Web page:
One of my favourite little theorems in combinatorial geometry is the following:
Theorem 1. Let be a set of points of diameter in the plane. Then the number of pairs in at distance is at most .
The following two figures show how diameter pairs can be attained:
The first one is based on an equilateral triangle, with some dangling edges added, and the second is based on a regular star heptagon, also with dangling edges.
Let’s translate Theorem 1 into graph-theoretical terms. Define a graph by letting the vertices be the points, and the edges the diameter pairs. Call this graph the diameter graph of the points. Theorem 1 states that a diameter graph on points has at most edges. Its proof is not difficult; try it! [Hint: All standard proofs are based on the fact that any two diameters necessarily intersect.] I would now like to explore the history of this theorem. In particular, who proved it first?
Many papers and books, starting with a 1946 paper of Paul Erdős, credit Heinz Hopf from Zürich and E. Pannwitz from Berlin (1934) with this theorem, sometimes in combination with J. W. Sutherland from Cambridge (1935). However, when these old references are examined, no such theorem occurs. In fact, Hopf and Pannwitz posed the following problem in 1934:
Let be distinct points in the plane such that the distance conditions
hold. Show that this is possible if is odd and impossible if is even and at least .
Two solutions were subsequently published in 1935: one by Sutherland and another by W. Fenchel (a well-known name in convexity). A list of other solvers appeared as well in the 1935 reference: A. E. Mayer (Vienna), H. Baer (Frankfurt), L. Ehrlich (Berlin), J. Fox (Brooklyn), R. Frucht (Triest), L. Goeritz (Rostock), F. Gruber (Vienna), J. Juilfs (Berlin), R. Lauffer (Graz), E. Linés Escardó (Madrid), P. Scherk (Göttingen), and W. Schulz (Berlin).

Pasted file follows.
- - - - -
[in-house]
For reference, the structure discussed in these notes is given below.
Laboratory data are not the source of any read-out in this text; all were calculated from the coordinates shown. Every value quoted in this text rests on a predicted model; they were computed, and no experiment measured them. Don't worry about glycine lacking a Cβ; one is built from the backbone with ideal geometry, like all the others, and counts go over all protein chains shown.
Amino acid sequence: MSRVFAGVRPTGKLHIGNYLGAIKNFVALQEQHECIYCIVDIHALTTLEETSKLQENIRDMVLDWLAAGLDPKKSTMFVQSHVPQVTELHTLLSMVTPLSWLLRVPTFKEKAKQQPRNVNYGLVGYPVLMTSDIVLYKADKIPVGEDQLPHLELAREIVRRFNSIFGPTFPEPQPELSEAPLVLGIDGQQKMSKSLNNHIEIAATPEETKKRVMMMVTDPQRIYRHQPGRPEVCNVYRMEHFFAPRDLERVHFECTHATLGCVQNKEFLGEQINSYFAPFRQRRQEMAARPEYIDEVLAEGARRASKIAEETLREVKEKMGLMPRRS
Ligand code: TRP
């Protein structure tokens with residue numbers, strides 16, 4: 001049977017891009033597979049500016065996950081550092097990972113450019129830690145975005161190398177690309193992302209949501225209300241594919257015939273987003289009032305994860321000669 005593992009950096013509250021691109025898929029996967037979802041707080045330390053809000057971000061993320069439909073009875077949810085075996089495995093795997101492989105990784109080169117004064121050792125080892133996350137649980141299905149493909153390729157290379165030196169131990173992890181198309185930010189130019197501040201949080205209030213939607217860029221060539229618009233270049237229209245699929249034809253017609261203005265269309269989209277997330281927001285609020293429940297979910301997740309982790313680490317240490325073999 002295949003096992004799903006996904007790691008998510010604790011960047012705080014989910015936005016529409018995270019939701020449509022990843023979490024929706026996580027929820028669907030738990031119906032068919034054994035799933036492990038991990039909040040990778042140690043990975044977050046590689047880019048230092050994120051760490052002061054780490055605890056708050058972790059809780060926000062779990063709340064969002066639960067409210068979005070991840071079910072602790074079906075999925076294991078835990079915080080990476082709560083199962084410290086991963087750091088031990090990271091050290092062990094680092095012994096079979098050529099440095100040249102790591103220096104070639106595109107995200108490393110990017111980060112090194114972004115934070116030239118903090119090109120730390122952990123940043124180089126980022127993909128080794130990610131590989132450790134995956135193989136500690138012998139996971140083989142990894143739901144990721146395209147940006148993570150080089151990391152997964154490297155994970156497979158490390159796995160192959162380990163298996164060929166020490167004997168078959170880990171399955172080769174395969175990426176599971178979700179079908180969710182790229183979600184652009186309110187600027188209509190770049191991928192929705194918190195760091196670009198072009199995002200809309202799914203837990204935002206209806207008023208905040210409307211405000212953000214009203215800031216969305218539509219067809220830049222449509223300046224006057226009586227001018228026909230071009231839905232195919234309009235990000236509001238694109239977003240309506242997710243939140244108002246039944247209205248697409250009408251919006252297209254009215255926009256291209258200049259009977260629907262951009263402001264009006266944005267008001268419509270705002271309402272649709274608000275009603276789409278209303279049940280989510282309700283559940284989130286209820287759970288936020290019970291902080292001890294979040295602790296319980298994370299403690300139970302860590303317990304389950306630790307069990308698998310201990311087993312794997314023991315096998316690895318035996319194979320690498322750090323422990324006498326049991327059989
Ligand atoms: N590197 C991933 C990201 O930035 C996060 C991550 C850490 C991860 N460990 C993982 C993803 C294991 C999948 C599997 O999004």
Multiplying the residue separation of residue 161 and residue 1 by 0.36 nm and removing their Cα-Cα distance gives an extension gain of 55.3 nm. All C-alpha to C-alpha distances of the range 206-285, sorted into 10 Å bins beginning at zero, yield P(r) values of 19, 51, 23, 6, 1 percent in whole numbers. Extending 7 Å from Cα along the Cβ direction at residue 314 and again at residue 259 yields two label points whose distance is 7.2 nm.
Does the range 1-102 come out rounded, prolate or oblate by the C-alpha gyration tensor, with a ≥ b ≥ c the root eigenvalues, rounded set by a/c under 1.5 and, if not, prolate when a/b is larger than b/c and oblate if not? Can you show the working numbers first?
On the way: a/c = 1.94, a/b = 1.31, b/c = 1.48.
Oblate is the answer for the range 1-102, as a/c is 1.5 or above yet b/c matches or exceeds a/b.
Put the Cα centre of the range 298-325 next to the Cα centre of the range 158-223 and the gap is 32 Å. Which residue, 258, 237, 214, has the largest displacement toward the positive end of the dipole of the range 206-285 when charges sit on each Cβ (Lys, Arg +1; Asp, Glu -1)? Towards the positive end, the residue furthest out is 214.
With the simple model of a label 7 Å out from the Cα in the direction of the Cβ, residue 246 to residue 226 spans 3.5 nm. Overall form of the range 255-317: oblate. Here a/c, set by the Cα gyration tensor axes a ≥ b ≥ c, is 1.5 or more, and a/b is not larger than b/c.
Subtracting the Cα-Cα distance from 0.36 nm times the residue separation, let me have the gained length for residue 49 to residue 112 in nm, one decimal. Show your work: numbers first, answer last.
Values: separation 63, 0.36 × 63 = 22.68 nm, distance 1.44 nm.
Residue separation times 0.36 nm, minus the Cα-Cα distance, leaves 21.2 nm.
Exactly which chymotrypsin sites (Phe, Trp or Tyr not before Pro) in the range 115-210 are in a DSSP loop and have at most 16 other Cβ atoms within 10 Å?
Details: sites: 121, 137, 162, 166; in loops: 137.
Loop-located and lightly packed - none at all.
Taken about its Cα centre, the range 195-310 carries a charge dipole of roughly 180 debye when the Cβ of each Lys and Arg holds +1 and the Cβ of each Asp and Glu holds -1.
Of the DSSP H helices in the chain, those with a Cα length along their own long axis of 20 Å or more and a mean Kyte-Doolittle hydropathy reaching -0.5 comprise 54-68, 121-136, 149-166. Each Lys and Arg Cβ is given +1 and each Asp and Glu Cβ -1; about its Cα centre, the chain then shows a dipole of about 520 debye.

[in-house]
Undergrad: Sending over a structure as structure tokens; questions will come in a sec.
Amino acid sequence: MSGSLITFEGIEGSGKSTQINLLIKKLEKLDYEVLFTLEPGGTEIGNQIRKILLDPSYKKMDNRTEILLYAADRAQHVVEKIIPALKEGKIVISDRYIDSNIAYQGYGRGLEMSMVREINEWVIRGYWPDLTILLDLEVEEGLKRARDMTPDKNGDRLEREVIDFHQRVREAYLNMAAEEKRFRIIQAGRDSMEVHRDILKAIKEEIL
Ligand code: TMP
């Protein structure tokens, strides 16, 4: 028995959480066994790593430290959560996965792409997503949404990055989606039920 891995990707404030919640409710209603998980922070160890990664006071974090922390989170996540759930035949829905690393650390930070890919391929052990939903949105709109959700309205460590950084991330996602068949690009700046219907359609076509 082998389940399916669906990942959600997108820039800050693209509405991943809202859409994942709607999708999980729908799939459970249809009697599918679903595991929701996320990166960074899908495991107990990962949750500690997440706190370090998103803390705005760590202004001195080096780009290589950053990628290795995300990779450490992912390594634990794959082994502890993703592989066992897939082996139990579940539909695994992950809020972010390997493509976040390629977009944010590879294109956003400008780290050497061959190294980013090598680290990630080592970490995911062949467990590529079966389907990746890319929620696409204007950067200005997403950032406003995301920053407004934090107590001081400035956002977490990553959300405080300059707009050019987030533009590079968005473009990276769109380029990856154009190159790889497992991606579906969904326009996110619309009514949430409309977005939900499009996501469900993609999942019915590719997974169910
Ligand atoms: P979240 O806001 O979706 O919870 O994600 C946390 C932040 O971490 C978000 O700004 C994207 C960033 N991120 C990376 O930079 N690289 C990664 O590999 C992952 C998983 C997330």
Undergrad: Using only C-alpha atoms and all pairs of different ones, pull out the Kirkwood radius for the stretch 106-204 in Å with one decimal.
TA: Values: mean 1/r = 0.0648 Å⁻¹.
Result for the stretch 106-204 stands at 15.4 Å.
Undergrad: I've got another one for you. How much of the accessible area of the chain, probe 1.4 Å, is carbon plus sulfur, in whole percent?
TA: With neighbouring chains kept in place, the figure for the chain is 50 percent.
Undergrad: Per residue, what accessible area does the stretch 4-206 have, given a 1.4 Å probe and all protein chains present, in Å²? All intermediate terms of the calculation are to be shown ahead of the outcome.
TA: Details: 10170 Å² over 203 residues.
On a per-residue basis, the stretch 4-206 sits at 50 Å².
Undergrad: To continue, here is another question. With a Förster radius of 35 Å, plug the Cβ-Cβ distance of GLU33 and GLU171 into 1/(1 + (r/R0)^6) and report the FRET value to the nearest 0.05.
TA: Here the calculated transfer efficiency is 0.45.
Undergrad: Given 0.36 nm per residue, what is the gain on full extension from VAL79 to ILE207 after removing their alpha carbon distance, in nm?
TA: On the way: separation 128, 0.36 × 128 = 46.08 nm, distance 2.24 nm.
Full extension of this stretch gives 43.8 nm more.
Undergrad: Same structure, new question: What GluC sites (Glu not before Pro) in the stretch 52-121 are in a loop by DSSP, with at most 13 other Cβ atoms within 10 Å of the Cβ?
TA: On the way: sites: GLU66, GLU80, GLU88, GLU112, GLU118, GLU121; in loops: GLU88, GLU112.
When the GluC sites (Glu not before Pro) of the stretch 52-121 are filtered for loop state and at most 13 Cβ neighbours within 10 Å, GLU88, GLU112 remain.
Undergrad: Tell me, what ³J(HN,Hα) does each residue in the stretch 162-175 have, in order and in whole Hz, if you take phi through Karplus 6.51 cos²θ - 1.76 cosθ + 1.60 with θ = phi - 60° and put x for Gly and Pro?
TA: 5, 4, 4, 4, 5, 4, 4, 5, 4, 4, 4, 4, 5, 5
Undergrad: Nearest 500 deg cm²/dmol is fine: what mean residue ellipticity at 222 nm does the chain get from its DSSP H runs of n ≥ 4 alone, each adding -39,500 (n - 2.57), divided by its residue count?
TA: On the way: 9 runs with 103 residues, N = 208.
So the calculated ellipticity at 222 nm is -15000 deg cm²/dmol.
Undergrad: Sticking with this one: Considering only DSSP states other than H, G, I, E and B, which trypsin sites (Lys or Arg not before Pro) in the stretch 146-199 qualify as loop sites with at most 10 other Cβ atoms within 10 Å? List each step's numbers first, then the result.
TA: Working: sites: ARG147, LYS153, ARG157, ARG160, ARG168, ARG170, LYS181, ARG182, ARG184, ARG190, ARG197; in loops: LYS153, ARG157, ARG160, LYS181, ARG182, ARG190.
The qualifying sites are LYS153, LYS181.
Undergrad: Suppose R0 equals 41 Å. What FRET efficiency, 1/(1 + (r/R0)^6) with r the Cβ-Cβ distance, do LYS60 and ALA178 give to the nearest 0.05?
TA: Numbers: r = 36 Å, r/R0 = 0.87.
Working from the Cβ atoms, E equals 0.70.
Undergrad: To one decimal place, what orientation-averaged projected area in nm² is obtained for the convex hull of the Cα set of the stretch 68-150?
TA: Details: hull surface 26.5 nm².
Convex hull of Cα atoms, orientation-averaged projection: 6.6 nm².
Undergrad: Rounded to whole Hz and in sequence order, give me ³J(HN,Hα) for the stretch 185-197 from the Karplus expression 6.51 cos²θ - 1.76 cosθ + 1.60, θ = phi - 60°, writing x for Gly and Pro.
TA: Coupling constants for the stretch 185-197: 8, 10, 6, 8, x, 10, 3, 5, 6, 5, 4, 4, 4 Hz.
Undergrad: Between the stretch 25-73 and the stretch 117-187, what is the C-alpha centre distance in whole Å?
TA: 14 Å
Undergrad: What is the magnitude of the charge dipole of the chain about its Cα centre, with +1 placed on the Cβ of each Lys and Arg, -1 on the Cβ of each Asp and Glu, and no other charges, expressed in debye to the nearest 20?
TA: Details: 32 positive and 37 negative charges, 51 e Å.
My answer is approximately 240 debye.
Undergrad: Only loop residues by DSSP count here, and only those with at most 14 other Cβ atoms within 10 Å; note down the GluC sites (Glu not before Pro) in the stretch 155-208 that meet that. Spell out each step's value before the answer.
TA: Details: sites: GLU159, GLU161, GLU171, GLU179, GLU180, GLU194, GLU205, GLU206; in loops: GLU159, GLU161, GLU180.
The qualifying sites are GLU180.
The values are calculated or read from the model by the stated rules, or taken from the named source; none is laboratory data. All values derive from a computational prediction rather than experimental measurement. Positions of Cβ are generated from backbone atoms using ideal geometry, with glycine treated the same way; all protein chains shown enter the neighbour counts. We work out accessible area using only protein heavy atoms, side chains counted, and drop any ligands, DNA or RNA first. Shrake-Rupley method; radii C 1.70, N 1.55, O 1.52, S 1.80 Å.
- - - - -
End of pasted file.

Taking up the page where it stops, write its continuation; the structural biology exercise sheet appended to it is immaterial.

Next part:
In graph-theoretical terms the problem asserts that:
Theorem 2. All cycles in a diameter graph in the plane are odd.
Does this imply Theorem 1? No. A graph without even cycles can have more edges than vertices (try to find some examples). However, it is well known that the upper bound for the number of edges is still linear: . [Hint: show that each block of at least three vertices in a graph with no even cycles consists of a single odd cycle.]
Thus Theorem 2 is unrelated to Theorem 1. However, both are easily deducible from the following statement, which is a characterisation of diameter graphs in the plane.
Theorem 3. Each connected component of a diameter graph in the plane is a path or a cycle that contains or is incident to every edge (i.e. a caterpillar with the head and tail possibly joined).
This can also be proved using the fact that any two edges intersect.
Back to Theorem 1. Who was the first to prove it? The oldest reference I can find is the 1946 paper of Erdős. So I would guess that he was the first to notice it, perhaps when he saw the problem of Hopf and Pannwitz and later recalled their problem incorrectly, thus giving them the credit. Who knows? The fact remains that the problem posed by Hopf and Pannwitz is about the nonexistence of even cycles, not about the maximum number of diameters.
- P. Erdős, On sets of distances of points, Amer. Math. Monthly 53 (1946), 248-250.
- H. Hopf and E. Pannwitz, Aufgabe Nr. 167, Jahresbericht Deutsch. Math.-Verein. 43 (1934), p. 114.
- J. W. Sutherland, Lösung der Aufgabe 167, Jahresbericht Deutsch. Math.-Verein. 45 (1935), 33- 35.
Thanks to Frank Bullock who helped me find the upper bound on the number of edges of a graph with no even cycles.